- 1 Readings
- 2 Reading Critiques
- 2.1 Michael Oles 22:35:20 2/18/2016
- 2.2 Luke Kljucaric 19:48:40 2/22/2016
- 2.3 Nate Patton 8:56:25 2/23/2016
- 2.4 Daniel Hui 1:13:04 2/24/2016
- 2.5 Robert Webb 11:44:06 2/24/2016
- 2.6 Bogdan Kotzev 12:18:36 2/24/2016
- 2.7 Charlotte Chen 15:41:38 2/24/2016
- 2.8 Jonathan Blinn 20:06:18 2/24/2016
- 2.9 Matthew Reinhold 20:32:42 2/24/2016
- 2.10 Tiffany Martrano 20:46:13 2/24/2016
- 2.11 John Phillips 20:51:03 2/24/2016
- 2.12 Max Benson 21:15:41 2/24/2016
- 2.13 Jason Naughton 0:17:52 2/25/2016
- 2.14 Joshua Fisher 0:43:47 2/25/2016
- 2.15 chris finestone 0:50:51 2/25/2016
- 2.16 Casey Nispel 0:55:46 2/25/2016
- 2.17 Adhyaksa Pribadi 2:06:18 2/25/2016
- 2.18 Xinhai Xu 3:02:43 2/25/2016
- 2.19 Amukher14 3:03:31 2/25/2016
- 2.20 Mengqi Wu 6:57:39 2/25/2016
- 2.21 John Riesenberger 7:27:47 2/25/2016
- 2.22 Yijia Cui 8:20:23 2/25/2016
- 2.23 Clark Nicolas 8:36:55 2/25/2016
- 2.24 Ish Davis 8:58:37 2/25/2016
- 2.25 Sarah Dubnik 9:57:14 2/25/2016
- How To Do Experiments. Doing Psychology Experiments. Chap 2. Martin.
Michael Oles 22:35:20 2/18/2016
I didn't really get too much out of the beginning of the chapter which explained the different types of variables because I was already familiar with these concepts from previous science classes but it might be helpful for review. The randomization and the confounding variables were new to me and it shows the importance of making sure your study does not have outside factors influencing it. I thought the Coke/Pepsi example was really interesting. And the other examples like the shaving cream were helpful as well. Basically this has allowed me to realize how careful you have to be to conduct an accurate experiment because so many factors can skew your results. I think using the chart given at the end would be helpful for this.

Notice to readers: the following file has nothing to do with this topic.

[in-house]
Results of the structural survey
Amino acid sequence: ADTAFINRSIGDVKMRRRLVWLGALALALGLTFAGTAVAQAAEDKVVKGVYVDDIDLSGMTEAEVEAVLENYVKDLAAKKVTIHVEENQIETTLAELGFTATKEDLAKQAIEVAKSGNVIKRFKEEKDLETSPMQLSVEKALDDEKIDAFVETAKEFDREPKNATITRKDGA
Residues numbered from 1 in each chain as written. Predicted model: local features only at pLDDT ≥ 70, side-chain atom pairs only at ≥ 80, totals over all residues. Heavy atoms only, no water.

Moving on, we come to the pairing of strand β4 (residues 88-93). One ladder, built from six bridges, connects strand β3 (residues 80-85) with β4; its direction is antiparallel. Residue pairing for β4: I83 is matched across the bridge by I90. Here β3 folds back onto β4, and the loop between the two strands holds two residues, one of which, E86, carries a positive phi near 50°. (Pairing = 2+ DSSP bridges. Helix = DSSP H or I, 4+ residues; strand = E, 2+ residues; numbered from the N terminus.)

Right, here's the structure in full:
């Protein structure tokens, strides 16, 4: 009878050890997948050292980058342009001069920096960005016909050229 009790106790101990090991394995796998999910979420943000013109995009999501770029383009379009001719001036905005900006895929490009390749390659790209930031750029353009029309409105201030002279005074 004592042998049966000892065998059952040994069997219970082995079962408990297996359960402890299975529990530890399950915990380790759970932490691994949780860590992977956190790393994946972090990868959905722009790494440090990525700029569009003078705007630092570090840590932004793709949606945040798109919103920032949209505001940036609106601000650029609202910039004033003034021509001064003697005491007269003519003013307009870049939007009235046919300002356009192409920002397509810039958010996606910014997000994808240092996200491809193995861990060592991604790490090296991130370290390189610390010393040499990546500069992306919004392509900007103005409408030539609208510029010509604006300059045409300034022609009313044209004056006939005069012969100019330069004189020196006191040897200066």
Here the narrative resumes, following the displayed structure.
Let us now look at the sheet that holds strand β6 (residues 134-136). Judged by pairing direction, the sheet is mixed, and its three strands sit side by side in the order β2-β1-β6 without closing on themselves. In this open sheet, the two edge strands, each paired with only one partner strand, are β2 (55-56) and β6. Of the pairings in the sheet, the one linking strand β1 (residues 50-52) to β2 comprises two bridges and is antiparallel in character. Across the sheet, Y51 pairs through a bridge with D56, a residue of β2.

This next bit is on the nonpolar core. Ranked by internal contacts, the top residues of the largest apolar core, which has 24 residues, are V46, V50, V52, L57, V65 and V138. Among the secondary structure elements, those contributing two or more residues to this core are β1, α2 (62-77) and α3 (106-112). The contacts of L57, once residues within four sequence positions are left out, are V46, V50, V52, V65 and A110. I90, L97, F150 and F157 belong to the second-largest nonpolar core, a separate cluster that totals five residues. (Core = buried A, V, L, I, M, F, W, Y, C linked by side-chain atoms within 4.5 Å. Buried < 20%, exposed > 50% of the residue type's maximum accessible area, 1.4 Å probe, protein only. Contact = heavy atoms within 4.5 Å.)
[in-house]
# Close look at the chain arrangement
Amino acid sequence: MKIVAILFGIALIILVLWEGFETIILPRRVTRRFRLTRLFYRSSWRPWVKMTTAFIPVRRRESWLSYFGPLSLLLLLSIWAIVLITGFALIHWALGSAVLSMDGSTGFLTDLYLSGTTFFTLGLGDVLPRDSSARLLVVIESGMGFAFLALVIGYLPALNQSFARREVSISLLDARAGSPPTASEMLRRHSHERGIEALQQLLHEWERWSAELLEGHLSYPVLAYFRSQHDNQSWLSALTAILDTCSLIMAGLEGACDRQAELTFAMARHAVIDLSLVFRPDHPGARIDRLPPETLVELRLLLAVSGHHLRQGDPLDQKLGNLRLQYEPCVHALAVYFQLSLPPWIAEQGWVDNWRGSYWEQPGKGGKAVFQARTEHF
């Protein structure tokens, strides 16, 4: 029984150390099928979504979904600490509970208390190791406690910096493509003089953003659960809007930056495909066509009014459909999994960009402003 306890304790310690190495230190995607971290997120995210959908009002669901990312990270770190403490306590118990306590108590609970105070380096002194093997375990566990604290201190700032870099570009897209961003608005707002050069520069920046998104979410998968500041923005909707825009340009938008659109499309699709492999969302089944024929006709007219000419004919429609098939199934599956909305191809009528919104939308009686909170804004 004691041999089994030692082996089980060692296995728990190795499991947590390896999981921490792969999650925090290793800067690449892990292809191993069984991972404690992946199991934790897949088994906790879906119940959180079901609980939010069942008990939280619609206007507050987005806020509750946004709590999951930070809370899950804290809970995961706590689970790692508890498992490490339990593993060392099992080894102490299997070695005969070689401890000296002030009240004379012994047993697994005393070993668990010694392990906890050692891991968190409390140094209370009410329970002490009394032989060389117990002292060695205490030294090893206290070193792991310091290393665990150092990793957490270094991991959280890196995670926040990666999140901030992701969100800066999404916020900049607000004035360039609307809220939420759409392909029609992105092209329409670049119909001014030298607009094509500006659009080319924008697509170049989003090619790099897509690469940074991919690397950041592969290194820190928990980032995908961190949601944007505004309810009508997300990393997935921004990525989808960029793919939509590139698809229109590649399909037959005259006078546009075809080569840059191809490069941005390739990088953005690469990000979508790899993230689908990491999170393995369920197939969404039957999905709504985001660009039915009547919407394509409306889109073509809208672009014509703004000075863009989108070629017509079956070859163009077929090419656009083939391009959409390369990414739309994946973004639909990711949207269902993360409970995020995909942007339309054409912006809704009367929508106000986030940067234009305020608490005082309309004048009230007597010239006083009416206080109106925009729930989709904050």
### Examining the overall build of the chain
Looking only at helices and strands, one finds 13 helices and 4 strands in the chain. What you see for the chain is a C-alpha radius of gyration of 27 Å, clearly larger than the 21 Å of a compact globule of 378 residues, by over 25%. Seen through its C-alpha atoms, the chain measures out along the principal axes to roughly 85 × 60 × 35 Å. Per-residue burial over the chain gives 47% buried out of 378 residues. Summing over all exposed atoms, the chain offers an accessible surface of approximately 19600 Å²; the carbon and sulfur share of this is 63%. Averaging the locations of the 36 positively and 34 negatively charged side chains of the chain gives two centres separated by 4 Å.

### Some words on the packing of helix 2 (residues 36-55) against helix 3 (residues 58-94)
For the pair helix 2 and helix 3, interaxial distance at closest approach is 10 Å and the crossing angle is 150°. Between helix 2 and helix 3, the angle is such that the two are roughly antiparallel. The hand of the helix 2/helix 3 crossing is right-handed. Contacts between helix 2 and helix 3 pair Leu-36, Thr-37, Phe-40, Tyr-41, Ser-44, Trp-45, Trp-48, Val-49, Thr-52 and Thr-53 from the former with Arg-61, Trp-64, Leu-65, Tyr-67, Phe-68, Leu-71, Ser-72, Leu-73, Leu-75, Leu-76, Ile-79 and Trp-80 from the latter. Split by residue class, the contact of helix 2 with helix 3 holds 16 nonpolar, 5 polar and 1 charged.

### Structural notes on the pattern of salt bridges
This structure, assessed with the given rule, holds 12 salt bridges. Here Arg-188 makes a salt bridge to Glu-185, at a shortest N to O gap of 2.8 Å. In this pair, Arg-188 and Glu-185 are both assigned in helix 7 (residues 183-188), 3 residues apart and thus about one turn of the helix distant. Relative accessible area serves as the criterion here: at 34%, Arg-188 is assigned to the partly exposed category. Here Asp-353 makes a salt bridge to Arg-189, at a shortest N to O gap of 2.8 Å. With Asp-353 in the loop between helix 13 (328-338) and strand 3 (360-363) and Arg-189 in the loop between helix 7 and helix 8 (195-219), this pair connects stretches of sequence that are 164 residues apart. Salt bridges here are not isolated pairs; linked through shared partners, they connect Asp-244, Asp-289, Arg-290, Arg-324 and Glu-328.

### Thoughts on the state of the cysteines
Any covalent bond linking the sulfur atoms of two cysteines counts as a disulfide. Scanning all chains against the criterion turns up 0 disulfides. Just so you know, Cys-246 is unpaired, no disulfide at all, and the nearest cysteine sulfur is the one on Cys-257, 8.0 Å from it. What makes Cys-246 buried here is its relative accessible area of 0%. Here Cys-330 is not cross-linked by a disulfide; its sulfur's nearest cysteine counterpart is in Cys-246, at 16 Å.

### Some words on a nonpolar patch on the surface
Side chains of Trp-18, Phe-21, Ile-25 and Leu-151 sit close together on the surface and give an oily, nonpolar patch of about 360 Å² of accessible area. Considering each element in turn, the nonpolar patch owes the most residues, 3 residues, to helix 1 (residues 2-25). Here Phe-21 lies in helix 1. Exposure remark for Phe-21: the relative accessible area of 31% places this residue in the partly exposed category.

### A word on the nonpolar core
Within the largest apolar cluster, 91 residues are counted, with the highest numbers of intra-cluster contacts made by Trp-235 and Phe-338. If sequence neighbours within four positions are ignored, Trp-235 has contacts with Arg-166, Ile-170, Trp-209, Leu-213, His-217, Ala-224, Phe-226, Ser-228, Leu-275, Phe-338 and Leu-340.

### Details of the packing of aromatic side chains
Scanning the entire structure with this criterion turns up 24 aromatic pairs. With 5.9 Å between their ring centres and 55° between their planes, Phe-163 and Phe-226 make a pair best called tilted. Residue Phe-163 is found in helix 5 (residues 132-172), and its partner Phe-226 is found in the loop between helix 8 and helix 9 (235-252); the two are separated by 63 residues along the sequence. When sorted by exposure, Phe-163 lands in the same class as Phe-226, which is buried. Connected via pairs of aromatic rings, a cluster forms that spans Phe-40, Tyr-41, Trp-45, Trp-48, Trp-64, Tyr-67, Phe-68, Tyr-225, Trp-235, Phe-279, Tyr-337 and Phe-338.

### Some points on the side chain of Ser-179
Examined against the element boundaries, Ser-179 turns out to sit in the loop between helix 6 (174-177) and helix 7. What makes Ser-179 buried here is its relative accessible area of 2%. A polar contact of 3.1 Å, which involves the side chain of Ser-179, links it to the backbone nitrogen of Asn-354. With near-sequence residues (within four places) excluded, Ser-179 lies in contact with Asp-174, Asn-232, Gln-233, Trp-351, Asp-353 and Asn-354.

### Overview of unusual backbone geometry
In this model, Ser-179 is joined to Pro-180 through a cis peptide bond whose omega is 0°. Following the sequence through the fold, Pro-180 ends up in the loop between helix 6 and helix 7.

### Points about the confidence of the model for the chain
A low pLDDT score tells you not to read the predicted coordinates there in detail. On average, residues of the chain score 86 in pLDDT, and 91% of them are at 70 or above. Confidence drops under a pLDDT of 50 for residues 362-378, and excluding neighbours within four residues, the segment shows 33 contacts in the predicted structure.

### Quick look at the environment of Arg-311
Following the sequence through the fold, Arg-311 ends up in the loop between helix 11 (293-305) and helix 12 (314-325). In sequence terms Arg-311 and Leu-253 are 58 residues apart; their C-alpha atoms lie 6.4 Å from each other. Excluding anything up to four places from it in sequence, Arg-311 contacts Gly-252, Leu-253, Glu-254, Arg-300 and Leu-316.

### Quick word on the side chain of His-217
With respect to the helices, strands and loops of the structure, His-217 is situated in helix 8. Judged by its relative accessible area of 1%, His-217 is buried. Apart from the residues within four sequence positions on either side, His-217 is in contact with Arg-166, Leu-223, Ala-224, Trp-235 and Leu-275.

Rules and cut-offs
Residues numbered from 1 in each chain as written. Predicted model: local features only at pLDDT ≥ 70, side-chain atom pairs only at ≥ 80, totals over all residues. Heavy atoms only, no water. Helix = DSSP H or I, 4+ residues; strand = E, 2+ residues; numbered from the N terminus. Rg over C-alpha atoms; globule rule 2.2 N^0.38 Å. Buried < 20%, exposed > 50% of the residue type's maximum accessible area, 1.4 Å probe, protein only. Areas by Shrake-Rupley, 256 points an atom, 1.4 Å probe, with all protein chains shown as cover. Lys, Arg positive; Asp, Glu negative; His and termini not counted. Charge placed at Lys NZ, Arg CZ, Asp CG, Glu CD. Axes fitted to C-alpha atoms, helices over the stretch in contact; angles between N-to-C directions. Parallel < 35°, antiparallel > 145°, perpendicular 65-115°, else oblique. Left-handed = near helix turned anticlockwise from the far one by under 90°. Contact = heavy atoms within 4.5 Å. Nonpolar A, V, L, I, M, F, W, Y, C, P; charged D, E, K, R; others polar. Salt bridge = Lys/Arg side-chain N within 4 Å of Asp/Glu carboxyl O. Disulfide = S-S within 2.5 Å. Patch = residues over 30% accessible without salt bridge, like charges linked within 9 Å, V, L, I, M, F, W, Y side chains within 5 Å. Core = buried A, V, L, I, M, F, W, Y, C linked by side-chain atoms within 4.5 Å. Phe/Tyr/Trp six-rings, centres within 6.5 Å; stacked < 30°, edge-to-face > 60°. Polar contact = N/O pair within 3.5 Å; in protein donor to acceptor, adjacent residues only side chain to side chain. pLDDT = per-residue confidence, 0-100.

Luke Kljucaric 19:48:40 2/22/2016
I have had many science classes throughout my academic career so the sections on how to perform experiments was nothing new for me. The parts of the threats to internal validity were new to me. A majority was a good refresher; however, specifically the mortality section. It's not something you would technically think of affecting an experiment but it could have potentially affect the experiment's results. Like the reading said though, this is typically not something we would want to worry about. Additionally, I like the examples that were given in the reading. I thought they were a vital point of the reading that help convey important topics.
Nate Patton 8:56:25 2/23/2016
The reading for this week was very interesting to me. What really peeked my interest was during the Selection section. I never thought of how a non-random could possibly effect the outcome of an experiment. This may play a part in our group assignment.
Daniel Hui 1:13:04 2/24/2016
Maturation is an interesting topic in the article. Pretty much the concern is that when a participant/participants participating in a experiment spread at over a long period of time, some participants may be subject to 'maturation' or the idea that a participant may change over the course of the experiment possibly altering the outcomes of the experiment by ultimately changing control variables/characteristics of ones self. I wish the article discussed what happens to these people who mature. Are they considered outliers of the experiment? Are they automatically dropped from the experiment to save the outcome of the experiment? It would probably best if participants who matured parts of themselves are tossed from the experiment if other variables in the experiment depended on the changed properties of the participant.